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Dimming 7 series connected lights independently

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whiterabbit

New Member
I am not knowledgable in electronics, please bear with me. I have been trying to explain what I want to manufacturers of solid state controls but I dont know the lingo.

What I first wanted to do is connect 7 12V 50W lamps in series to std 120V power source then use a dimmer to over or under volt. 0-16V is what I want to deliver to each lamp and alot of std controls exist for this.

I would prefer, however, to (lamps still in series) be able to over or under volt each lamp individually.

Is this possible?

If so can you elaborate a little.


Thanks very much
 

Chippie

Member
"I would prefer, however, to (lamps still in series) be able to over or under volt each lamp individually"

Cant be done. Only way to dim each lamp independantly is to have each one on its own...


7 * 12 lamps in series = 84 volts worth...fed from a 120v supply......hmm wont last long....Feeding each lamp with 16 volts is not good either. Thats a 133% increase in voltage, overruning them they wont last long..


You best have think about what you are doing, perhaps there is a better way of achieving your goal
 

whiterabbit

New Member
Thanks, actually there is a reason for what I am doing.

At 16V the lamps have a 200 hour life span and a color temp of 6000k. For production purposes that is not bad and being able to control color temp is very crucial to our application. lamps are only $6 a pop compared to $30 for average photo lamp and are not run constantly. Anyway I supply the lamps so better for me

Why in series. Because I need to put 14 lamps (2 strings of 7) on one std 15 amp circuit. This is a portable on location kit and assumes worst case scenario...no power.

The max voltage to ever reach the lamps will be limited to 16V and most of the time this would be run between 12V (2000 hour life span 4700k) and 15V (300 hour life span 5500K at which point daylight film is balanced)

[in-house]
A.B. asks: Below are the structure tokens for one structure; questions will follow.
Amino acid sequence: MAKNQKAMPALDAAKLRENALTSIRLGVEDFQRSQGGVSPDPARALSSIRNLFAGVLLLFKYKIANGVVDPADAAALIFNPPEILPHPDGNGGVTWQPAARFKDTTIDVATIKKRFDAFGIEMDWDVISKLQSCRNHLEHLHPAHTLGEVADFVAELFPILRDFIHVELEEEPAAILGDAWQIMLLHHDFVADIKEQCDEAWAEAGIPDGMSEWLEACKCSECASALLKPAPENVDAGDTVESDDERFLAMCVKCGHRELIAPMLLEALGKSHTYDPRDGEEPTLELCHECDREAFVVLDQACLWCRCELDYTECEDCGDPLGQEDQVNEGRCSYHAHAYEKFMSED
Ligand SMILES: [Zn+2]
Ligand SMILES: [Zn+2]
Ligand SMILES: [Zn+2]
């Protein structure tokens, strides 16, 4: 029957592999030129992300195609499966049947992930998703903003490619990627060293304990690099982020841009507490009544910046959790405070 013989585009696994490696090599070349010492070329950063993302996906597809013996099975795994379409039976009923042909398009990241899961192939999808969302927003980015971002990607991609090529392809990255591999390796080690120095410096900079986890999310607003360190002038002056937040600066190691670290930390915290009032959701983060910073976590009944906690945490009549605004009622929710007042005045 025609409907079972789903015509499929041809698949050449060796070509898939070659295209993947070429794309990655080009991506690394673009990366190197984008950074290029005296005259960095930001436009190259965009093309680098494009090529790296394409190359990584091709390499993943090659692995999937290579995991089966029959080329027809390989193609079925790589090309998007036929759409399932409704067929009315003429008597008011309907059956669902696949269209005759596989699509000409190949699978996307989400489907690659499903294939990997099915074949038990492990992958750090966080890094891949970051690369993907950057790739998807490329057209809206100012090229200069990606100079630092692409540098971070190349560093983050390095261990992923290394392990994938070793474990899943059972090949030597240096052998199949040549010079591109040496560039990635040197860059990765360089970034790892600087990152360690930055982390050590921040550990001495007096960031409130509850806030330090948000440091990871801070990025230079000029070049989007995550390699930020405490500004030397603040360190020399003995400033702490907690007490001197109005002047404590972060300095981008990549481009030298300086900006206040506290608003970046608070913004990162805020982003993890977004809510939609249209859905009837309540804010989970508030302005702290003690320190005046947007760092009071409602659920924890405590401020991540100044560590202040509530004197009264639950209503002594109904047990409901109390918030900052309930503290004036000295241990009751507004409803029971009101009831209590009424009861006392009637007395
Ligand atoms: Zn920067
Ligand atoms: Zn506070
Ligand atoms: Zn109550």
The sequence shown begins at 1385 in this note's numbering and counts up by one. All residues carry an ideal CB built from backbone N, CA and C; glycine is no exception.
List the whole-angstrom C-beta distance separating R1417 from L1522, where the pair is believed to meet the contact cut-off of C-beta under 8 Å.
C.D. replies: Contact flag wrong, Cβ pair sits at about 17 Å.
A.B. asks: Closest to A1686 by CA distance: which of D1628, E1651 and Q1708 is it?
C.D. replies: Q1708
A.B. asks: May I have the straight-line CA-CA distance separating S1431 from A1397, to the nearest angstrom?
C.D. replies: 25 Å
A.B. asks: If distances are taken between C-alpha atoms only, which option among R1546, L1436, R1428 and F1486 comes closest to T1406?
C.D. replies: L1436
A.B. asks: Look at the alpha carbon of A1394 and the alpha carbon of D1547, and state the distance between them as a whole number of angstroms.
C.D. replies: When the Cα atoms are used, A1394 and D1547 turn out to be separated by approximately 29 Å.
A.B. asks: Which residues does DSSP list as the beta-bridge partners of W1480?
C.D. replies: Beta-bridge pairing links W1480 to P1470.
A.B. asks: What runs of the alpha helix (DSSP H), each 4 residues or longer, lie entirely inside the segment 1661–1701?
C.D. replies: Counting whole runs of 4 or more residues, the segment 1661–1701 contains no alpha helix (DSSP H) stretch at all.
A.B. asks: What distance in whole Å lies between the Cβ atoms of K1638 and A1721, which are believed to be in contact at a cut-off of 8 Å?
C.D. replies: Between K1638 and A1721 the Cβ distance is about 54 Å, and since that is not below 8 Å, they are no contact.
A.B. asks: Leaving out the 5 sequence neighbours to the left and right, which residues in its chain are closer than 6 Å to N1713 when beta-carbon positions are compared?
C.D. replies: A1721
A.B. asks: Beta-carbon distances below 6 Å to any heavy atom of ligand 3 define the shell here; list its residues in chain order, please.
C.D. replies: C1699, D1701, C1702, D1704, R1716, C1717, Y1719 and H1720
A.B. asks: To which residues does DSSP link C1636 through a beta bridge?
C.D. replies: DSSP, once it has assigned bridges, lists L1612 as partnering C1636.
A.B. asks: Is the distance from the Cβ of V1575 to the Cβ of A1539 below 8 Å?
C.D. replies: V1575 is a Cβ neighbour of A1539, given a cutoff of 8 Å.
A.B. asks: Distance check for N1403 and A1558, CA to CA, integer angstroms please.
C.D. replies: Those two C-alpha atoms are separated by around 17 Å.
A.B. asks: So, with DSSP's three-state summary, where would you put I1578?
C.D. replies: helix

It, seems like should be a way to create 7 series points that step down the voltage by 16 or so volts each and within each point have another circuit that can split the 16V between the lamp and a resistor or something.

that is the general idea. What do you think?
 

Gene

New Member
Just thinking..... I have heard of 500 watt photofloods but do your 50 watt, 12 volt bulbs put out enough light to be useful?
 

mechie

New Member
Series regulators

I have two theories on how to achieve this...

If each lamp had a voltage regulator in parallel with it then it could be dimmed by reducing the regulator's setting. A complication here is that there must be a current limiter in series with the lot whose main purpose is to 'waste' the excess voltage, this makes the whole rig run at a constant (maximum) current even when everything is at minimum brightness. The lamps will never really see zero volts as some voltage drop will be required across the regulator circuit to power it.

If each bulb is connected to a three-wire regulator such that as the regulator is 'dimmed' the bulb effectively taps off lower voltages from its regulator (like a rheostat, common, wiper-to-bulb, track-top, sort of thing). The circuit will then (hopefully) not require the current limiter circuit mentioned in idea 1. It could be possible to go right down to zero volts with this but I suspect the circuit will end up more complicated in this configuration.

NOTE -- Both options will generate a fair amount of heat as each of the seven circuits will dissipate some 50W (a total of 350W).
 

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stevez

Active Member
The power consumed by each bulb is dependent on the resistance of the filament. If there is a significant difference from bulb to bulb then powering them in series may result in more color temp variation than you want. The same is true if you put them in parallel across a common supply. I know little about the variability of bulbs but would want to understand that if color temp were critical and I had no way of "tuning" the voltage to a bulb.
 

bogdanfirst

New Member
ok, related to figure thaory_2 i think that i might have an idea. if you can put a variable resistor in series with thel bulb and one in paralel with the bulb and the series resistor, and mecanicly connect the variable resistors so that when the series increases and so the lamp looses intensity and the paralel will descrease so that the whole circuit will have a constant resistance and will not affect the other lamps.
here is a figure of my idea, but the resistors can be replaced by a simple transistor circuit wich will make it better.
 

bogdanfirst

New Member
o, thanks for the tip....
but how do i attach files in General electronics Chat?
it says that i can't....but some others can...
 

hantto

Member
I think that only "higher rank" moderators can attach files in General Electronics. You should propably ask electro tech admin to get the right to attach files in here.
 

whiterabbit

New Member
I have been out in the jungle filming just got back.

It sounds like it would be possible to do this then. I will look into these replys further and determine if this is going to be a true benefit.

As for the 50W putting out enough light. 1 lamp, No, but 14, yes and with precise control. Also at higher voltages its more like 90W. The 500W lamps have to be conditioned. By the time your done you can cut as much as 90% of the light, its a frustrating way to work, time for things to change.

Thanks,

jp
 
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